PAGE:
Post Tagged with: "access copyright"

Video in Honour of Prof. David Vaver’s Induction to the Order of Canada and Royal Society of Canada by Osgoode Hall Law School, https://www.youtube.com/watch?v=GmqVHrBdZ_Y

The Law Bytes Podcast, Episode 100: David Vaver With a Masterclass on Copyright and User Rights

The role of the public and the public interest has factored prominently into many of the Law Bytes podcast conversations. For the 100th episode, Osgoode Hall Law School Professor David Vaver, widely viewed as Canada’s leading IP expert, joins the podcast. The recipient of the Order of Canada, Professor Vaver provided the scholarly grounding for the emergence of user rights in copyright in Canada and around the world. In this episode, he gives a masterclass on the history of copyright, the emergence of user rights, Supreme Court copyright jurisprudence, and potential future copyright reforms.

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September 13, 2021 8 comments Podcasts
Coursepacks by Jason Jones (CC BY 2.0) https://flic.kr/p/27cQjXR

The Law Bytes Podcast, Episode 98: Kim Nayyer on the Supreme Court of Canada’s Landmark Access Copyright v. York University Copyright Ruling

The Supreme Court of Canada recently brought a lengthy legal battle between Access Copyright and York University to an end, issuing a unanimous verdict written by retiring Justice Rosalie Abella that resoundingly rejected the copyright collective’s claims that its tariff is mandatory, finding that it had no standing to file a lawsuit for copyright infringement on behalf of its members, and concluding that a lower court fair dealing analysis that favoured Access Copyright was tainted. The decision removes any doubt that the Supreme Court remains strongly supportive of user’s rights and vindicates years of educational policy in shifting away from Access Copyright toward alternative means of ensuring compliance with copyright law.

Kim Nayyer is the Edward Cornell Law Librarian, Associate Dean for Library Services, and Professor of the Practice at Cornell Law School. She appeared before the Supreme Court in this case, representing the Canadian Association of Law Libraries as an intervener. She joins the Law Bytes podcast to talk about the case and its implications for the future of copyright, education, and collective rights management.

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August 16, 2021 5 comments Podcasts
Spin by Rex Dingler (CC BY-NC 2.0) https://flic.kr/p/3nyyzk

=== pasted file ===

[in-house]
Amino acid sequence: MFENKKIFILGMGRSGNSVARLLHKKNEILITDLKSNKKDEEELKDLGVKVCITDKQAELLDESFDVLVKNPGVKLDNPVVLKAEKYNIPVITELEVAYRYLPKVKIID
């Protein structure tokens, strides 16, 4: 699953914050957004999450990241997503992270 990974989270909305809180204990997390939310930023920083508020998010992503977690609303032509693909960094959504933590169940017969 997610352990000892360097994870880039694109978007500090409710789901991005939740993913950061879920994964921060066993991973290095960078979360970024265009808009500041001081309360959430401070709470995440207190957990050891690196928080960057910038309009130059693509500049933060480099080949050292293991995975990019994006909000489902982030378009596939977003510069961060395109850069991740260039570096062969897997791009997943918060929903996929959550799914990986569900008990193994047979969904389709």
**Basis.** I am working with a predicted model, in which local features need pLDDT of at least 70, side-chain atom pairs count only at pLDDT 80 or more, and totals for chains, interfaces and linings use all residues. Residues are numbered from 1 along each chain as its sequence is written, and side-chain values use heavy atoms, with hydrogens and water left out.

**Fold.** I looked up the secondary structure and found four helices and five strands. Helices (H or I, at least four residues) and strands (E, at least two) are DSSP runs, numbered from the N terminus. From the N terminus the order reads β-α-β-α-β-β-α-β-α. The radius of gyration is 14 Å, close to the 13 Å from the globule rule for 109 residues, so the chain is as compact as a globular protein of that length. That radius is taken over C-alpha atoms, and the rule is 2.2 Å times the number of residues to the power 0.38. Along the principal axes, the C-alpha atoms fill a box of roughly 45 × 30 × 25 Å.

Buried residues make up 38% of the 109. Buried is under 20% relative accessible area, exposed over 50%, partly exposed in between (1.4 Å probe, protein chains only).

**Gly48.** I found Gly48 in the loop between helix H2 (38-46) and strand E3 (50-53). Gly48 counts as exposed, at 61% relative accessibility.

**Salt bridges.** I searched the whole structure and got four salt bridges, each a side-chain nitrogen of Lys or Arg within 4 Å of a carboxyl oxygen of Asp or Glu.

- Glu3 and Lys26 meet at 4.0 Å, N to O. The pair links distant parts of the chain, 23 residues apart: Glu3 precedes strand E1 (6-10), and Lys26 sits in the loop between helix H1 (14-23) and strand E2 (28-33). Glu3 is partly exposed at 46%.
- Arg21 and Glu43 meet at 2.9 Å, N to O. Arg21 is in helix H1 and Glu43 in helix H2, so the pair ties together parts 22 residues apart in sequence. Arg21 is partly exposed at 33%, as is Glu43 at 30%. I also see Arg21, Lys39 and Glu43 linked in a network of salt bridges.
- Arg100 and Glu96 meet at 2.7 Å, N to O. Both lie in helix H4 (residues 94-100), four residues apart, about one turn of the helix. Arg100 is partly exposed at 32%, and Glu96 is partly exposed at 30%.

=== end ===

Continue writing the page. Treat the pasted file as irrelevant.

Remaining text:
Same Old Spin: Why Access Copyright Needs a Reality Check on Canadian Copyright

Last week’s Supreme Court of Canada copyright decision in Access Copyright v. York University has unsurprisingly been applauded by the education community, which having faced years of litigation launched by the copyright collective, now finds its position vindicated. With the court resoundingly rejecting Access Copyright’s claims that its tariff is mandatory, finding that it had no standing to file a lawsuit for copyright infringement on behalf of its members, and concluding that a lower court fair dealing analysis that favoured the copyright collective was tainted with “a fairness assessment that was over before it began”, there is little doubt about which party prevailed. Yet Access Copyright has returned to its longstanding playbook of downplaying Supreme Court decisions and misleading its own members in the process.

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August 5, 2021 13 comments News
copyright by Erich Ferdinand (CC BY 2.0) https://flic.kr/p/eixmi

Copyright Vindication: Supreme Court Confirms Access Copyright Tariff Not Mandatory, Lower Court Fair Dealing Analysis Was “Tainted”

The Supreme Court of Canada brought a lengthy legal battle between Access Copyright and York University to an end last week, issuing a unanimous verdict written by retiring Justice Rosalie Abella that resoundingly rejected the copyright collective’s claims that its tariff is mandatory, finding that it had no standing to file a lawsuit for copyright infringement on behalf of its members, and concluding that a lower court fair dealing analysis that favoured Access Copyright was tainted with “a fairness assessment that was over before it began.” The decision removes any doubt that the Supreme Court remains strongly supportive of user’s rights in copyright and vindicates years of educational policy in shifting away from Access Copyright toward alternative means of ensuring compliance with copyright law.

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August 3, 2021 13 comments News
Assignments of copyrights photostat copies by mollyali (CC BY-NC 2.0) https://flic.kr/p/5JbsPE

The LawBytes Podcast, Episode 50: Ariel Katz on the Long-Awaited York University v. Access Copyright Ruling

The Federal Court of Appeal delivered its long-awaited copyright ruling in the York University v. Access Copyright case last month. This latest decision effectively confirms that educational institutions can opt-out of the Access Copyright licence since it is not mandatory and that any claims of infringement will be left to copyright owners to address, not Access Copyright. The decision is a big win for York University and the education community though they were not left completely happy with the outcome given the court’s fair dealing analysis.

The decision also represents a major validation for University of Toronto law professor Ariel Katz, whose research and publications, which made the convincing case that a ‘mandatory tariff’ lacks any basis in law”, was directly acknowledged by the court and played a huge role in its analysis. Professor Katz joins me on the podcast this week to talk about the case, the role of collective licensing in copyright law, and what might come next for a case that may force Access Copyright to rethink the value proposition of its licence.

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May 11, 2020 Comments are Disabled Podcasts